Monday, 27 January 2014

WHO REVIEW: The Lost Stories 4.3-4.4



Among the mad rush of events that overtook the world of Doctor Who at the end of 2013, Big Finish reached the end of its Lost Stories range. Originally created to bring the unmade 1986 season of Doctor Who to life, later series moved beyond the adventures of the sixth Doctor, recreating unmade serials for the Doctors from Billy Hartnell through to Sly McCoy. The fourth and final run has reached its culmination with two six-part adventures, one for the second Doctor and one for the third. Naturally, each of these is in the enhanced audiobook type of format, somewhere between a reading and a performance. Indeed, these two releases are as close to a full-cast performance as you can get with several key cast members no longer extant.

Lords of the Red Planet is the gloriously named third and final story drawn from the archived notes of Brian Hayles, following the previous releases The Dark Planet and The Queen of Time . It involves the Doctor, Zoe and Jamie arriving on Mars and becoming witness to nothing less than the creation of the Ice Warriors. With the genesis of the Daleks, Cybermen and Sontarans all now established, it's not surprising that the Martian menaces would get there own treatment eventually. What is more unexpected is that this was actually proposed right back in 1969, intended to be the second appearance of the creatures. In the event, The Seeds of Death was made in its place. It's hard to say which was actually the stronger story; what we have here is not a final script, but is based on two slightly different draft treatments by Hayles. John Dorney has done a good job of crafting them into a cohesive story. The performances are uniformly good, although Nick Briggs does overstretch himself a little by adding even more alien voices to his roster.

Where the serial falls down is in its length, something it has in common with many Troughton stories. It's a more interesting concept than what we got in The Seeds of Death, but perhaps a less televisually exciting one. It certainly would have been expensive to produce, with the sheer numbers of Martians of various stripes being a likely reason it was vetoed. Hayles paints a picture of Mars that sees it as a dying planet inhabited by the last vestiges of a once powerful culture, driven to indolence and marking time till their extinction. The Gandorans are the architects of their own maltreatment at the hands of their genetically enhanced mistress, and the ensuing power struggle has an air of inevitability to it. The actual origins of the Ice Warriors, accidentally christened as such by the Doctor here, is intriguing. There was always a sense that there was something artificial about them, yet they are clearly organic. Here we learn that they are forcibly evolved and technologically upgraded, transforming them from mere beasts to a powerful fighting force. A martial culture in both senses, then, and destined to inherit the planet. How easily this account fits with other tales of Ice Warrior history is harder to say, but given that this is penned by the real-world creator of the creatures, it should perhaps be considered the truest history.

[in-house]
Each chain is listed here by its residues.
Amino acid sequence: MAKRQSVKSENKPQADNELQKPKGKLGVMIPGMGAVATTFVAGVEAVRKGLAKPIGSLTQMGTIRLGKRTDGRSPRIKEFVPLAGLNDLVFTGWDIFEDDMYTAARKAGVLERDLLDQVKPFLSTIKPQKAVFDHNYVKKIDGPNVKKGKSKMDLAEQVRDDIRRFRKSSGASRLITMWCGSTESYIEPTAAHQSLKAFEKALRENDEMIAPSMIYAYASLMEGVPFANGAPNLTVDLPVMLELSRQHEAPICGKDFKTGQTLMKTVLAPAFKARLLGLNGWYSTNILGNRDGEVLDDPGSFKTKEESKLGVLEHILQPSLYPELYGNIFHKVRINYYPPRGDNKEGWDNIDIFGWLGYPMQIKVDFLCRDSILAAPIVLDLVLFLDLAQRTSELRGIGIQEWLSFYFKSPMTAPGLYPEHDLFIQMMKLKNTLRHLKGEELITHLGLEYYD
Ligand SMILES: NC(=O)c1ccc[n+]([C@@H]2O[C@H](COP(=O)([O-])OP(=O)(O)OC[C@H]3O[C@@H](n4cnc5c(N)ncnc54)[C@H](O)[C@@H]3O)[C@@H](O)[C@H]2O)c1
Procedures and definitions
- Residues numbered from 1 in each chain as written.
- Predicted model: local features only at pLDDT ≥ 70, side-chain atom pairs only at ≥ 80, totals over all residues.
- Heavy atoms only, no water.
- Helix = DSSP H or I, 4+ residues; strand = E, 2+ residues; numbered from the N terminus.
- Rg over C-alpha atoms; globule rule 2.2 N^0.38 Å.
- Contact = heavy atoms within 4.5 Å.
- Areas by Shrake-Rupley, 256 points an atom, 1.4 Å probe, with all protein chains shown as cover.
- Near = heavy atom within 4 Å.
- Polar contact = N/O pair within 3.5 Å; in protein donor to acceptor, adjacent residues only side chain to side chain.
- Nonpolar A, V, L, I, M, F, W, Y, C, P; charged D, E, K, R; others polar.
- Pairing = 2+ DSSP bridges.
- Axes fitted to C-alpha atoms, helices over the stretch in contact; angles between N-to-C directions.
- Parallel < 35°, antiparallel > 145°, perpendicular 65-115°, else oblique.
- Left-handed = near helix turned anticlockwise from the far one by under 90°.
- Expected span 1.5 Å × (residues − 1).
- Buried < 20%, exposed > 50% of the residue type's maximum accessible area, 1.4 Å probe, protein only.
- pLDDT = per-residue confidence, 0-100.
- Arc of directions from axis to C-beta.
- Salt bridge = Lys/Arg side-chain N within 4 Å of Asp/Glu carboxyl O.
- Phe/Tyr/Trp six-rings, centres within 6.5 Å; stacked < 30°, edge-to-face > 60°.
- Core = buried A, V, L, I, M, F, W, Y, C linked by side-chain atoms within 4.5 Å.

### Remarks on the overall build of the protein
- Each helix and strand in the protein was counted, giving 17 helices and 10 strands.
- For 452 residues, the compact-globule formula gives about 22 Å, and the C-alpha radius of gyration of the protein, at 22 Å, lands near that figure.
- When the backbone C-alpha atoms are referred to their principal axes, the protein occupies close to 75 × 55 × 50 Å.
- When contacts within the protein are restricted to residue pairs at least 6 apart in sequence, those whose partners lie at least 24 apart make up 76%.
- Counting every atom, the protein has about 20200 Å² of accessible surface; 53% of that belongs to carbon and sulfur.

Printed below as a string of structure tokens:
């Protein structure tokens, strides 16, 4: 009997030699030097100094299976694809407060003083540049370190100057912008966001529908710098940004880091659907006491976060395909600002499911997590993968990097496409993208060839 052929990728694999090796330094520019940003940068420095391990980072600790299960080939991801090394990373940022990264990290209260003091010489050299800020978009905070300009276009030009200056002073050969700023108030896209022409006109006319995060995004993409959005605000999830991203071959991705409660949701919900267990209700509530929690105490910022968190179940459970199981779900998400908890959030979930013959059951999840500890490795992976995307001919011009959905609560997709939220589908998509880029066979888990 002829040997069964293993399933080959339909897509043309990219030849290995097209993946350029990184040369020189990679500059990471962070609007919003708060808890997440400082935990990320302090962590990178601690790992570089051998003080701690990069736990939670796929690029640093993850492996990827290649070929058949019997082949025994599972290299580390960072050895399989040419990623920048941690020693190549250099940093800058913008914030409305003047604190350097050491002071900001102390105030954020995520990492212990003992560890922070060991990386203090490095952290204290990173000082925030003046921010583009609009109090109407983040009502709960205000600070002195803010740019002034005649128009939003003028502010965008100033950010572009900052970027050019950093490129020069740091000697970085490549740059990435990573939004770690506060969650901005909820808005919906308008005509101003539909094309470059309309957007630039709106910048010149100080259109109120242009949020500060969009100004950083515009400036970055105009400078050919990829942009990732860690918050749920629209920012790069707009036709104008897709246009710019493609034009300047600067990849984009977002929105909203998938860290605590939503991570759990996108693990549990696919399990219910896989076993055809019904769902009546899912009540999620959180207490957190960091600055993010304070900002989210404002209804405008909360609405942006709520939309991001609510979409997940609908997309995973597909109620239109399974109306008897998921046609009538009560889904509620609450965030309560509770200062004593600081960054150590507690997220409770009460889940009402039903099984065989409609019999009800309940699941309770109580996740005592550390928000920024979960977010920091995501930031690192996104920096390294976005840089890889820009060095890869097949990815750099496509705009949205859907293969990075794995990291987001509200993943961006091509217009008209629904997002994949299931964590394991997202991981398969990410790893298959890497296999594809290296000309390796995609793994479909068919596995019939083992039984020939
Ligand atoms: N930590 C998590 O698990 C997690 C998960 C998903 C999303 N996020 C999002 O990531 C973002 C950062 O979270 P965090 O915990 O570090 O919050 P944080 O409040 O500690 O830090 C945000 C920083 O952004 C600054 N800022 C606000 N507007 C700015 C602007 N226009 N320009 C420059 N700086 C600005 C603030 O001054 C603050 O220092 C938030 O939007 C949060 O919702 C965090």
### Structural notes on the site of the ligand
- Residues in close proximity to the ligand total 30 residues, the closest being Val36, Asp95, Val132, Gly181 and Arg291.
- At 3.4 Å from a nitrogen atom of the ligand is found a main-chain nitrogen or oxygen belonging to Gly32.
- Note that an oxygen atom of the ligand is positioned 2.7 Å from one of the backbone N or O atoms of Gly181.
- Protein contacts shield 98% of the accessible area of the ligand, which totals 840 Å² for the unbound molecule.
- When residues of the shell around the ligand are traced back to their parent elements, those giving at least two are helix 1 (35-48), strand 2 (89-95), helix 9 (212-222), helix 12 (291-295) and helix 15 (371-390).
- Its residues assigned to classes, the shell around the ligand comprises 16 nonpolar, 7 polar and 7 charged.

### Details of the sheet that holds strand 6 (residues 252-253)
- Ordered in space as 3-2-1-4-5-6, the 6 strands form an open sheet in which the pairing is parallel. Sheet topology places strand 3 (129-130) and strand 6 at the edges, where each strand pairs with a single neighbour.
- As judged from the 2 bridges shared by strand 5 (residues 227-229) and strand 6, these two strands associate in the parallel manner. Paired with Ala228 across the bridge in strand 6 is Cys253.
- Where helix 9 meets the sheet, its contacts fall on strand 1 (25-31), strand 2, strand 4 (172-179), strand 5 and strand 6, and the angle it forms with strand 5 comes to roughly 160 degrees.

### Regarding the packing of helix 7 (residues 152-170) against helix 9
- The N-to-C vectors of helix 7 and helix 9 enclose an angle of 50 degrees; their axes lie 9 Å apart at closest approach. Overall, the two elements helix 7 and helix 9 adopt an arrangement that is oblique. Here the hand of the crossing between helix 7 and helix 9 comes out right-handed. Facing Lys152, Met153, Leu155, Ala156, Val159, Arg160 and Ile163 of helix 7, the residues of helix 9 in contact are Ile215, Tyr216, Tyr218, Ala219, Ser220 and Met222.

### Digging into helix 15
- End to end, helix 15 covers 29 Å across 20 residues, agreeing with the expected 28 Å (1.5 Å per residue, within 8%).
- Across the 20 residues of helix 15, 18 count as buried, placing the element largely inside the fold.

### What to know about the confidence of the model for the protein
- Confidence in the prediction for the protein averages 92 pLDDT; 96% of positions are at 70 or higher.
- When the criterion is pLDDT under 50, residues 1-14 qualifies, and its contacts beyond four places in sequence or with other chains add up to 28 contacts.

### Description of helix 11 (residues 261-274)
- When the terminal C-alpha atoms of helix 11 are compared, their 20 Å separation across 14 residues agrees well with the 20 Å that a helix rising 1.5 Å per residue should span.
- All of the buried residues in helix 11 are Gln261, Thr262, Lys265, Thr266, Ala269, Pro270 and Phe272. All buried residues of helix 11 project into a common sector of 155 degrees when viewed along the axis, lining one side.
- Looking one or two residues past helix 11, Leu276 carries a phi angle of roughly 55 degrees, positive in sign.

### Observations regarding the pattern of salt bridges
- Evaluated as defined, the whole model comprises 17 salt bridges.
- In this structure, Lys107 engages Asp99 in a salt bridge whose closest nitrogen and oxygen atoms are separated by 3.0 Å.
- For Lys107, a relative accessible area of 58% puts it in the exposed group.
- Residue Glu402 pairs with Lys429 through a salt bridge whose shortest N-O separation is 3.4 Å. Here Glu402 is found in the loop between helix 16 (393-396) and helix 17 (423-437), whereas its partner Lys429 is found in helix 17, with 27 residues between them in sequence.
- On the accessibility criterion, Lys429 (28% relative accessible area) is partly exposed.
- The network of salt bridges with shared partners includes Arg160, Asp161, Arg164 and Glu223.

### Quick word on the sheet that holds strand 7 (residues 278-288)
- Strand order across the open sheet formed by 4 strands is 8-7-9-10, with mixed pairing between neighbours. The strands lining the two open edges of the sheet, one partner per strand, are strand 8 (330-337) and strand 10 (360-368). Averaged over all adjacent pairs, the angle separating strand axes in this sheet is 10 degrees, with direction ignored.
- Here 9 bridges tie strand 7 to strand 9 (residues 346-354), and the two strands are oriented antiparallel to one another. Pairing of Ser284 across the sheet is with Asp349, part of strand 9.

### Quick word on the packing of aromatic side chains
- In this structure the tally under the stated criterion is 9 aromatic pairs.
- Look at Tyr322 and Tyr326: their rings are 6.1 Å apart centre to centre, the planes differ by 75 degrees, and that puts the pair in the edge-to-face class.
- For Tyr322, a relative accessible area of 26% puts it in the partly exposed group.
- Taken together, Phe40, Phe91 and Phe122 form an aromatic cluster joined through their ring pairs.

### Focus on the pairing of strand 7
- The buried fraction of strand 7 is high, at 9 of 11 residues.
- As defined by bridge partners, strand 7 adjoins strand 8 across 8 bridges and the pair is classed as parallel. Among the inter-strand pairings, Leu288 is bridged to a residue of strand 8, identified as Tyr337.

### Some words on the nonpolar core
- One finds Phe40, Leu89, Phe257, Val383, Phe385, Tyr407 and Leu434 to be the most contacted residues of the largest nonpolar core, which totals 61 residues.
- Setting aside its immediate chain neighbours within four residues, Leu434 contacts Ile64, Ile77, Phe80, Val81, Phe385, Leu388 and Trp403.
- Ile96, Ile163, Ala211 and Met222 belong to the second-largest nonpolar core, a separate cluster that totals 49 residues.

I found The Mega rather less enjoyable to listen to. The first, and only, third Doctor release for the Lost Stories range, this one comes from a treatment by Bill Strutton, author of intergalactic bug-fest The Web Planet. It's at the same time a talky piece and an action-oriented one. It takes an age to get going, and once it does, it never really manages to do the action justice. Hailing from the hinterland between seasons seven and eight, The Mega is a story in the gritty, near-future style of The Ambassadors of Death. It's the plausible future from the point of view of a writer in the 1970s, with plenty of international political action, then-topical references and corrupt officials, with a hefty does of high-concept science fiction mixed in. It probably would have looked fantastic on television. The problem being that neither the action setpieces nor the bizarre, extraterrestrials (the Mega themselves) come across terribly well on audio. Simon Guerrier stresses that this was the toughest script assignment he's had, and it shows. I'm just not convinced this story was well chosen for adaptation to audio, particularly in light of the death of so many of the original cast. Both Richard Franklin and Katy Manning do their best, but it doesn't really come off. As much as I adore Manning, and as much as others have praised her attempt at Pertwee, her im-Pert-onation just doesn't work for me either.

While both the Lost Stories and the Companion Chronicles ranges are now over or winding up, Big Finish intend to move forward with an Early Adventures series. While the gradual development of these releases has shown that there is clearly a way that stories for the first three Doctors can still be produced, there are still some kinks to be ironed out. Although the Troughton stories have been largely successful, Pertwee adventures are harder to get right, something that is true both in the Companion Chronicles line and The Mega. With the sad loss of Elisabeth Sladen, Nick Courtney and Caroline John in recent years, this vibrant era of Doctor Who is slipping out of our grasp and may never truly be recreated.

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